The economics of lithium-ion battery pricing

What will it take to spur mainstream adoption of electric vehicles? New McKinsey & Co. research suggests costs could drop up to 70 percent by 2020, which would make EVs truly competitive to gas-powered options.
Written by Heather Clancy, Contributor

I've already written two other stories about electric vehicles this week, why not a third?

Today's rant actually is about something with far broader ramifications: pricing for lithium-ion battery technology, which is important not just for electric vehicles but for applications in energy storage and, of course, all the mobile gadgets that most of us cannot live without.

New research from McKinsey & Co. (registration required) takes a deep look at this issue, suggesting that lithium-ion batteries need to cost about $250 per kilowatt-hour in order for automakers to design and manufacture electric vehicles (specifically all-electric passenger sedans) that are priced competitively (from a total cost of ownership perspective) to vehicles that use advanced internal-combustion technologies.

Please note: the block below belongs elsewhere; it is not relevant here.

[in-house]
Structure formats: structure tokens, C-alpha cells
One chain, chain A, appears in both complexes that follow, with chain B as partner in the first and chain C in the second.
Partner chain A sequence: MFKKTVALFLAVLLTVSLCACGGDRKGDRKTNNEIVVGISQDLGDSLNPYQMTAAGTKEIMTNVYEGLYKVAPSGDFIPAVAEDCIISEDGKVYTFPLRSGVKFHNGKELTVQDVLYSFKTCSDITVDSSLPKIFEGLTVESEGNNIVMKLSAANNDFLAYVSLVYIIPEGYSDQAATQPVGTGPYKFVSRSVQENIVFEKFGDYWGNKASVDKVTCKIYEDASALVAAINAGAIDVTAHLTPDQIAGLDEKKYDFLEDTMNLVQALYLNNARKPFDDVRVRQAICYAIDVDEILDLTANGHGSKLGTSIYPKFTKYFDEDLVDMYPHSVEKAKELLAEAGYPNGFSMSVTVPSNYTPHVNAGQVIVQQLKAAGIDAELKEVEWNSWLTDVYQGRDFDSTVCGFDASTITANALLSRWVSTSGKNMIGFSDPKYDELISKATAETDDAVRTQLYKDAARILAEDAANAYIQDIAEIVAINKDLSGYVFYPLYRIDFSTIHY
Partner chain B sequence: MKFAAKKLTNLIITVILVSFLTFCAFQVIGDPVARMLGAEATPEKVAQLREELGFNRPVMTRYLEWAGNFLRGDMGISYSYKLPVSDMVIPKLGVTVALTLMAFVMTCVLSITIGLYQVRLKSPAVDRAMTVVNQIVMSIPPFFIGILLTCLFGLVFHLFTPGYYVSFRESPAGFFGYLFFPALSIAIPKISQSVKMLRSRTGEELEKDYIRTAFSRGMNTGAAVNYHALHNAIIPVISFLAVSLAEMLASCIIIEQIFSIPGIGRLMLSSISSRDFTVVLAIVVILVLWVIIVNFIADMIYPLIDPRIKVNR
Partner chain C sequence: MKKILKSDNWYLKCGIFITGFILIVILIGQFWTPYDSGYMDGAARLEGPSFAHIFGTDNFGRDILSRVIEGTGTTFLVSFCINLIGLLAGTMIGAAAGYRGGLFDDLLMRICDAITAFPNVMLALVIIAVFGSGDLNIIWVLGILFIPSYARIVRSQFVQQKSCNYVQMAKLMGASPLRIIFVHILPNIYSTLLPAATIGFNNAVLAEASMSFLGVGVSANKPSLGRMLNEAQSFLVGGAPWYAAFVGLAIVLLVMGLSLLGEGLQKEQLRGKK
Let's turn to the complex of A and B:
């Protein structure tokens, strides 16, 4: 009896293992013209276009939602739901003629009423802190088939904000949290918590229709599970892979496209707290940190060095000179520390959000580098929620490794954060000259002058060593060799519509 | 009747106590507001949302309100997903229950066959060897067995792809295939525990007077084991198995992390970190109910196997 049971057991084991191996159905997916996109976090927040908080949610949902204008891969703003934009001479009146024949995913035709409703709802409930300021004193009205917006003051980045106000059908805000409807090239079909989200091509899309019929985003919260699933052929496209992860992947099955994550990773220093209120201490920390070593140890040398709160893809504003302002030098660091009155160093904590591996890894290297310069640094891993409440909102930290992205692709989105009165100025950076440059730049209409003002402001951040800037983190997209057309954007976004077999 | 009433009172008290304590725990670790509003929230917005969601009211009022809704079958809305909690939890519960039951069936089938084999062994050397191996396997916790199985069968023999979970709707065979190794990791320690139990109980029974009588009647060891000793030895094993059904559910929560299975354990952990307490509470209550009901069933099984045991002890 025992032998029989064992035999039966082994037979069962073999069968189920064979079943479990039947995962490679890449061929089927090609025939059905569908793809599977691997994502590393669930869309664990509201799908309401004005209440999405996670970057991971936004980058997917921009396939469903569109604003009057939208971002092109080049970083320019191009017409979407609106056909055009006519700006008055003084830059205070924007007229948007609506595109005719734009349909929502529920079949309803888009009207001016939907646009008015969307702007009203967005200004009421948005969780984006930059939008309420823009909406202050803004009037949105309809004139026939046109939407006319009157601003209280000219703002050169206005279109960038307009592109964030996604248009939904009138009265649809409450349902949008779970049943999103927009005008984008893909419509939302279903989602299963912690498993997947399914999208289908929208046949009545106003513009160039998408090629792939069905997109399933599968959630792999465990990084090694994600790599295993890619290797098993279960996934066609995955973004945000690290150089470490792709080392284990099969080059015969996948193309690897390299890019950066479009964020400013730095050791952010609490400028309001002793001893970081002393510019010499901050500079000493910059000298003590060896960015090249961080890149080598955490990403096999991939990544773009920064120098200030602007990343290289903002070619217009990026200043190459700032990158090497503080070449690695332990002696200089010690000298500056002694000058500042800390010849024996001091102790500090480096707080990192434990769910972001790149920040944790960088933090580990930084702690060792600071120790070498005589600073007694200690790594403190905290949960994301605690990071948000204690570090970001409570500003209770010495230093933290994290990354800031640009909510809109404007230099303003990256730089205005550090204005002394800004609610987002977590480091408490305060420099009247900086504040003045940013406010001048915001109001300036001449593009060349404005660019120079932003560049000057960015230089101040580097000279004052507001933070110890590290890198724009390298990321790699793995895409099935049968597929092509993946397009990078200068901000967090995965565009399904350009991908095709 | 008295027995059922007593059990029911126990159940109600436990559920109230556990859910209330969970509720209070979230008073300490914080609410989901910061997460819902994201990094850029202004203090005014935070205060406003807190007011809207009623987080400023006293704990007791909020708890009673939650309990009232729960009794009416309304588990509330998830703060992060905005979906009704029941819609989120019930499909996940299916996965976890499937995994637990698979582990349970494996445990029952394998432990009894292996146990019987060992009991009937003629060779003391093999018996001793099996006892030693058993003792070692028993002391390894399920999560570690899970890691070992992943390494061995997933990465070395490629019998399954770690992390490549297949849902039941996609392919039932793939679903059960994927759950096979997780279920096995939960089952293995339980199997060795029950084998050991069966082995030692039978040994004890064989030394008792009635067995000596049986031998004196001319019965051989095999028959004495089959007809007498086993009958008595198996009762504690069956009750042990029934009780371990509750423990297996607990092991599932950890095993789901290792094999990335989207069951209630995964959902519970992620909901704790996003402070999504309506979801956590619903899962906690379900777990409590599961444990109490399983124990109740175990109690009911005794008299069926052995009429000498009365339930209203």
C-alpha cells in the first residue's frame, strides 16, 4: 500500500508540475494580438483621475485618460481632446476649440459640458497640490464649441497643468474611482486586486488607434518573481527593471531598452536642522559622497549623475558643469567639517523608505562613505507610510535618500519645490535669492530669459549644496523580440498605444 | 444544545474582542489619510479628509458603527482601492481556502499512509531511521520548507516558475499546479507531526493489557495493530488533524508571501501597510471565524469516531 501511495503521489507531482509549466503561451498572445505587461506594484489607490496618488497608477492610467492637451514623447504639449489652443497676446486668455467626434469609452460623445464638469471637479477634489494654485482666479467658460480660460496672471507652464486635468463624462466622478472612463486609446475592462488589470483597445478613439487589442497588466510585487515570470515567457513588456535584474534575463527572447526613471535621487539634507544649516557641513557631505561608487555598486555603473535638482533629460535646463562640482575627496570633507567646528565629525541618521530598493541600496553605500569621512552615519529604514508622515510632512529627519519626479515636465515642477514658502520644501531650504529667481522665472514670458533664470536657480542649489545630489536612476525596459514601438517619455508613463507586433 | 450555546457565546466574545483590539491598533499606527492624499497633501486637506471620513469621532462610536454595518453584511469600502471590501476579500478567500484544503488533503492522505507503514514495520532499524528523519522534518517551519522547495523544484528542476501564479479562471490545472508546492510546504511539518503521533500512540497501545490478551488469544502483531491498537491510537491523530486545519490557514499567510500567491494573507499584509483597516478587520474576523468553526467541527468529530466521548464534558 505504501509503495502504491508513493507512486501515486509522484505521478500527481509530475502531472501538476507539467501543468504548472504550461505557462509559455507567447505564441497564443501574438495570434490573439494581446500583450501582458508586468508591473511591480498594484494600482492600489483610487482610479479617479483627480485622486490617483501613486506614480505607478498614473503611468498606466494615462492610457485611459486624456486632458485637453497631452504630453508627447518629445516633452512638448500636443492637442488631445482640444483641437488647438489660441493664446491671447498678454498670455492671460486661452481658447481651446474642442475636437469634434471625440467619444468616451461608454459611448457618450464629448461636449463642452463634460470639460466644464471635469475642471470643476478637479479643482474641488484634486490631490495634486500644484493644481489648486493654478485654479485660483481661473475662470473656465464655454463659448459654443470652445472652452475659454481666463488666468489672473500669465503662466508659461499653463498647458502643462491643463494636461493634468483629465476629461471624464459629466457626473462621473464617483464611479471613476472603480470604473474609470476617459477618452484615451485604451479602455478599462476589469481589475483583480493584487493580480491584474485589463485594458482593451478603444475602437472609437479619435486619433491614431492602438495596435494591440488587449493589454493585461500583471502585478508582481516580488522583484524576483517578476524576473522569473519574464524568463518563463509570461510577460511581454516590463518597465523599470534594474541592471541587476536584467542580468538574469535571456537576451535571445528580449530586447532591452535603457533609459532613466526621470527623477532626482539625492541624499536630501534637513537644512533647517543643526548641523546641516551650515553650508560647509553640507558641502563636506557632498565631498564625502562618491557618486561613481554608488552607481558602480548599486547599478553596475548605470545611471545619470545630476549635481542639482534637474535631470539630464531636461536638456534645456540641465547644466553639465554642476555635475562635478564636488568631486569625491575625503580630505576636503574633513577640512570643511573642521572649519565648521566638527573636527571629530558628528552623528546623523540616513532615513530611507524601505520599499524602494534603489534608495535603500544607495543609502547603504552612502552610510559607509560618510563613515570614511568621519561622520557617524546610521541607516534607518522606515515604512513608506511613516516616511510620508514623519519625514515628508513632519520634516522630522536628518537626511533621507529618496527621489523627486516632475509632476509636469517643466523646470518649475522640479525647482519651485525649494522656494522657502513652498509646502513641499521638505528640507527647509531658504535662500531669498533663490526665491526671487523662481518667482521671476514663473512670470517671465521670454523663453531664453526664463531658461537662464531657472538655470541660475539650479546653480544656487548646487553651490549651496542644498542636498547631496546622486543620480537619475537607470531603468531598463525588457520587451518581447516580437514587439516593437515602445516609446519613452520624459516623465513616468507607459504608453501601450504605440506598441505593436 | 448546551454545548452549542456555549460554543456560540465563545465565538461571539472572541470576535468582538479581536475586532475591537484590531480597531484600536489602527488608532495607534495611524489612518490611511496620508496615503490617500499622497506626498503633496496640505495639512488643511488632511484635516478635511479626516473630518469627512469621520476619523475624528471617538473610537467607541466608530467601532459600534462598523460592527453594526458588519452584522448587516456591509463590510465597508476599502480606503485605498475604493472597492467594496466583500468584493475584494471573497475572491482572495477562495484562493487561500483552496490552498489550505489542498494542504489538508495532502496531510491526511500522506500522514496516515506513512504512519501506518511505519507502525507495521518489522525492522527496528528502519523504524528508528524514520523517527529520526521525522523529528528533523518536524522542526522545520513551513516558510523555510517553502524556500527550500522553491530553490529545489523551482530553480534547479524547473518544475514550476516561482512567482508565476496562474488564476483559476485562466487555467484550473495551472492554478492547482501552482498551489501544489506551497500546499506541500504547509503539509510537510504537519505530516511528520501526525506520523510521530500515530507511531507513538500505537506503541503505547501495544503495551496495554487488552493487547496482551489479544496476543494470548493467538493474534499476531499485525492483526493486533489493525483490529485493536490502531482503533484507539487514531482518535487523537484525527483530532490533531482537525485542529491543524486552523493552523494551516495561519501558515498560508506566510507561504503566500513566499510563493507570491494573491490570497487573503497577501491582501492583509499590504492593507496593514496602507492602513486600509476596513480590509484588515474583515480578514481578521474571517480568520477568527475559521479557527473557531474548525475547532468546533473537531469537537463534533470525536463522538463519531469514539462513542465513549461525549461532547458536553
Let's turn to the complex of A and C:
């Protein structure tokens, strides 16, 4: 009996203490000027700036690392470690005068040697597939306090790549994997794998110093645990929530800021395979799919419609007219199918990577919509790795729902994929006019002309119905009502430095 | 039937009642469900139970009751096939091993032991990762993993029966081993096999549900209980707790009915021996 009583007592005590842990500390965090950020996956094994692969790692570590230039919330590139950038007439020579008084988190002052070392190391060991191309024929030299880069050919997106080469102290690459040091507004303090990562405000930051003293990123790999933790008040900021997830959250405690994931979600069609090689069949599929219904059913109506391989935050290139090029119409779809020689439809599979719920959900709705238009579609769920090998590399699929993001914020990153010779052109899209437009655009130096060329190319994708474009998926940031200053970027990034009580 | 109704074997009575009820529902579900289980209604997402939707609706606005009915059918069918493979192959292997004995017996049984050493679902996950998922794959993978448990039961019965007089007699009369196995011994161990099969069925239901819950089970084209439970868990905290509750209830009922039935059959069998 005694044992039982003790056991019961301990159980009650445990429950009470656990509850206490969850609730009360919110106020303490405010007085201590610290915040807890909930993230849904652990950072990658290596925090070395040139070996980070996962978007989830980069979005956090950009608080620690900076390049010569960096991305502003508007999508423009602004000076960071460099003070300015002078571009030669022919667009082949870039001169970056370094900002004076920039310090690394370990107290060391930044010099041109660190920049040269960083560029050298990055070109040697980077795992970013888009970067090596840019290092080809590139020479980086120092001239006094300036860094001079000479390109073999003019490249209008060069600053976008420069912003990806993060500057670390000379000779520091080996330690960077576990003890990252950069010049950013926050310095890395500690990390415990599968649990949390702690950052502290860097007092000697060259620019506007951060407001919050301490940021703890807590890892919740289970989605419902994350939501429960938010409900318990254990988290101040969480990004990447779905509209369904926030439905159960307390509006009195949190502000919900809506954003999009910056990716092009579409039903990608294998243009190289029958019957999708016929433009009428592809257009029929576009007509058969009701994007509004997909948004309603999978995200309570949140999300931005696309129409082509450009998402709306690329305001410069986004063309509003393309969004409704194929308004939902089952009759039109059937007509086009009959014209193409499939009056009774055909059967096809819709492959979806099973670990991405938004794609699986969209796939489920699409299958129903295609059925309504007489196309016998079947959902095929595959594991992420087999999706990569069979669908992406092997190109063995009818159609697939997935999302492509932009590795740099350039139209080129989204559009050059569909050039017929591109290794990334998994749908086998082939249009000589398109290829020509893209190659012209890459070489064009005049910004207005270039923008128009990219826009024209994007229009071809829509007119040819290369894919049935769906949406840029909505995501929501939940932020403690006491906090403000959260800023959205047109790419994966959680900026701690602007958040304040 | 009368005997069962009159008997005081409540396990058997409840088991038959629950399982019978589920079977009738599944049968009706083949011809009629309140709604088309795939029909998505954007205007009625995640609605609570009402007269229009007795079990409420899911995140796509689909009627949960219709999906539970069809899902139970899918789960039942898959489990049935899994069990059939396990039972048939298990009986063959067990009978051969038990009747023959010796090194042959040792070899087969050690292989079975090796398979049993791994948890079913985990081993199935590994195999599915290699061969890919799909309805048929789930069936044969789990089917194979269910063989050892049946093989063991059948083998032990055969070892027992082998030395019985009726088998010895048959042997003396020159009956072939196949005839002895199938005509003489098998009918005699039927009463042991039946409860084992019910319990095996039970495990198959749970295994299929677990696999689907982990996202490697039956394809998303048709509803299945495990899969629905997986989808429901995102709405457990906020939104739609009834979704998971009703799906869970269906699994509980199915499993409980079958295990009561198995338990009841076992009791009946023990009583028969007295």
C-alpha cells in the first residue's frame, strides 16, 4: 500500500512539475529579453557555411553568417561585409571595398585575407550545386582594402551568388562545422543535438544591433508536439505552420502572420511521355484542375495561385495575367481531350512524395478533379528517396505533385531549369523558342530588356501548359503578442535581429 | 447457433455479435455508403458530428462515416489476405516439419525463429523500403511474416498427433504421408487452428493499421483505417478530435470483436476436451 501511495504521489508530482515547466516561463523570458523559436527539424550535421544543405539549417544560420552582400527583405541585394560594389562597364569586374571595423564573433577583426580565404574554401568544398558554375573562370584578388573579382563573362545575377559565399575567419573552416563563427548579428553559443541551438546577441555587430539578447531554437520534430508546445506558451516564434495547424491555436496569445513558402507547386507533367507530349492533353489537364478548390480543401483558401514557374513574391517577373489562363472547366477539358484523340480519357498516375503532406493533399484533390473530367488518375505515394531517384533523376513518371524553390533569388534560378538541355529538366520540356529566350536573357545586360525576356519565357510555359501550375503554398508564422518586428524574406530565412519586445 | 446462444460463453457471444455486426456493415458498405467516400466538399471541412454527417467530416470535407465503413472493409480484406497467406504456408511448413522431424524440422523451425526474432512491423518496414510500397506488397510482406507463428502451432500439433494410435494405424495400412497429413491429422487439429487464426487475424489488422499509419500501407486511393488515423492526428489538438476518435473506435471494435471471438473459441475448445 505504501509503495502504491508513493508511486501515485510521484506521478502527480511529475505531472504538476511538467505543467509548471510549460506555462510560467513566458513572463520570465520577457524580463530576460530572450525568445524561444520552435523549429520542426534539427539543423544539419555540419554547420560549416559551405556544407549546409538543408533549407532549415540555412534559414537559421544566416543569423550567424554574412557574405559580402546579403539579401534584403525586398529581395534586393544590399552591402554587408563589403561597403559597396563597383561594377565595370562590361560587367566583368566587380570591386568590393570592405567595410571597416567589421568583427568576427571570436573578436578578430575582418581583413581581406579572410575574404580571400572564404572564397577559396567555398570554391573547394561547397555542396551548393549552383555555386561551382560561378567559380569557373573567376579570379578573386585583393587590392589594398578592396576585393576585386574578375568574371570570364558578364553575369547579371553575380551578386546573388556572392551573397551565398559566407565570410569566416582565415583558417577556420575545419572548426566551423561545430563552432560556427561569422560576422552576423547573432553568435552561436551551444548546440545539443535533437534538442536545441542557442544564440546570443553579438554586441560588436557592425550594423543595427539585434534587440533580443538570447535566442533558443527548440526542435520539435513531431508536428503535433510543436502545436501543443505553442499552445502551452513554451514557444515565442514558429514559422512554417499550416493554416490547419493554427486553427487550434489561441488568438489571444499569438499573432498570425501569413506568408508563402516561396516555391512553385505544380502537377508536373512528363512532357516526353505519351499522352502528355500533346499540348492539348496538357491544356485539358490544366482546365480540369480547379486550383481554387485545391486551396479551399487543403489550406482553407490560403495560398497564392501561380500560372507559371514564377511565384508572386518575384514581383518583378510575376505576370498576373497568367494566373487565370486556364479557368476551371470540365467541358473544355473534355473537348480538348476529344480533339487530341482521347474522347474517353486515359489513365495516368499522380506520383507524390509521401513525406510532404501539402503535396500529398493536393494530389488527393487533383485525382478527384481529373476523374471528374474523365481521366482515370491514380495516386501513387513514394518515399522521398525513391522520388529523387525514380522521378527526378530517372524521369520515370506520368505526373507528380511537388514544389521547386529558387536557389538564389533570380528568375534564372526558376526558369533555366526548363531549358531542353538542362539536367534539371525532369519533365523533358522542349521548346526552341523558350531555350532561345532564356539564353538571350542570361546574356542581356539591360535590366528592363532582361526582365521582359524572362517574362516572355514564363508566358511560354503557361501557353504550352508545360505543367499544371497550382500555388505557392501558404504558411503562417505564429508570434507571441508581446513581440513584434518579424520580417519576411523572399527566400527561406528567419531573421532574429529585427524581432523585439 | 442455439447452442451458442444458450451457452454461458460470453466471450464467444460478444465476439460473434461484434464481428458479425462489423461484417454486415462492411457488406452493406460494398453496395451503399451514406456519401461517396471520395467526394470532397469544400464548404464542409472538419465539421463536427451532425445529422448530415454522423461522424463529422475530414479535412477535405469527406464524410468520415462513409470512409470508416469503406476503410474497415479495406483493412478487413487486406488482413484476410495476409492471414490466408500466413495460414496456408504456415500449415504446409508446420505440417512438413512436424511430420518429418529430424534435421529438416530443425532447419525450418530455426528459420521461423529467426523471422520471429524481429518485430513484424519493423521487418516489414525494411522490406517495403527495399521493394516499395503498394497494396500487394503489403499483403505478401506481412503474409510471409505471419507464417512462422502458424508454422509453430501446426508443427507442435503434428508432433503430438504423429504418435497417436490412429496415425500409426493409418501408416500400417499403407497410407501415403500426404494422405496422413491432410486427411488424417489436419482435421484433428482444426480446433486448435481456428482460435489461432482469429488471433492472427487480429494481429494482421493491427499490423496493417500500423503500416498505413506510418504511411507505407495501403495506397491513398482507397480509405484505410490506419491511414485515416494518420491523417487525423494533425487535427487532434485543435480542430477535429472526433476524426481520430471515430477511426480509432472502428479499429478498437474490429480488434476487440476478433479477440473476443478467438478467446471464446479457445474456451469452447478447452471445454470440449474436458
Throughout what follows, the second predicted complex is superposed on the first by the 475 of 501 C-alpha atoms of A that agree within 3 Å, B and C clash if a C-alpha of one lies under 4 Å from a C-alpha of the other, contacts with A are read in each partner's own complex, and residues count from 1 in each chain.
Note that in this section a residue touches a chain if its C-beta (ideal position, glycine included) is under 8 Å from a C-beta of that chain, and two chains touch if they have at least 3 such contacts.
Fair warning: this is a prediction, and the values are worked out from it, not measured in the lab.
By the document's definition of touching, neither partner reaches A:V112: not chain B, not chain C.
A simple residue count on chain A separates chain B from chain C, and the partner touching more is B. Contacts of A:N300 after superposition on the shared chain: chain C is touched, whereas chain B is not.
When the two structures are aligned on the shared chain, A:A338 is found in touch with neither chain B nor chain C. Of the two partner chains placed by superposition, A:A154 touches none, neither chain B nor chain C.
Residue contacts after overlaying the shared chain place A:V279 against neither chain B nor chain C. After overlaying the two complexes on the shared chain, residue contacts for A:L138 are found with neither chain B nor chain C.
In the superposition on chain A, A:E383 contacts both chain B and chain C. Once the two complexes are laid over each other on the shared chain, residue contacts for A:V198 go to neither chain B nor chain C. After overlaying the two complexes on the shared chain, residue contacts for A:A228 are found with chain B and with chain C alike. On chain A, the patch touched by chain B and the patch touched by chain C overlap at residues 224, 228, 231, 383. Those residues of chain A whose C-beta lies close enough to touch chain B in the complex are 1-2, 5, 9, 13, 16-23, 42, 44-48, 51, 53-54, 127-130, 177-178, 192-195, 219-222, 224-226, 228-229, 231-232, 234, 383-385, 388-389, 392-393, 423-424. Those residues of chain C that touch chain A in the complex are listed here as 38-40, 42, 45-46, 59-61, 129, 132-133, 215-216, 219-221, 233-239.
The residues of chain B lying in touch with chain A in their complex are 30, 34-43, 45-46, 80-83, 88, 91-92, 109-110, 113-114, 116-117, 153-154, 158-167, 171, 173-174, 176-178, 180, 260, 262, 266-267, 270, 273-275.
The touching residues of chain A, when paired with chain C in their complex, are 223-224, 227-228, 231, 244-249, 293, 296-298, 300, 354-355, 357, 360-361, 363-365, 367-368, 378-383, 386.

Right now, though, lithium-ion batteries cost from $500 to $600 per kilowatt-hour. That's a lot of ground to cover, but McKinsey believes that the industry can get there if the following things happen:

  • Manufacturing at scale: According to the McKinsey research, this one area could influence up to one-third of the cost reductions needed for a more competitive EV industry. This would come from improved processes, standardizing production equipment and higher unit volumes. Plants built between now and 2015 should be vastly more efficient than those built before 2011, the researchers suggest.
  • Lower component prices: Better prices for the materials that go into lithium-ion batteries along with better decisions about where to produce components could account for savings of about 25 percent, according to McKinsey.
  • Technical advances in capacity: The factor that will fuel better pricing scenarios is innovation, specifically new developments when it comes to cathodes, anodes and electrolytes that help boost capacity. The view into current and anticipated advances suggest that capacity will improve by 80 percent to 110 percent by the 2020 to 2025 timeframe, the McKinsey researchers report. Overall, this will account for 40 percent to 45 percent of the hoped-for price reductions.

Will all this come to pass? And when?

Personally, I think we should look first to how things play out in the consumer electronics world, where the interest in cheaper batteries is far more acute. But the McKinsey analysis underscores, yet again, the increasing relevance of battery technologies for many cleantech applications.


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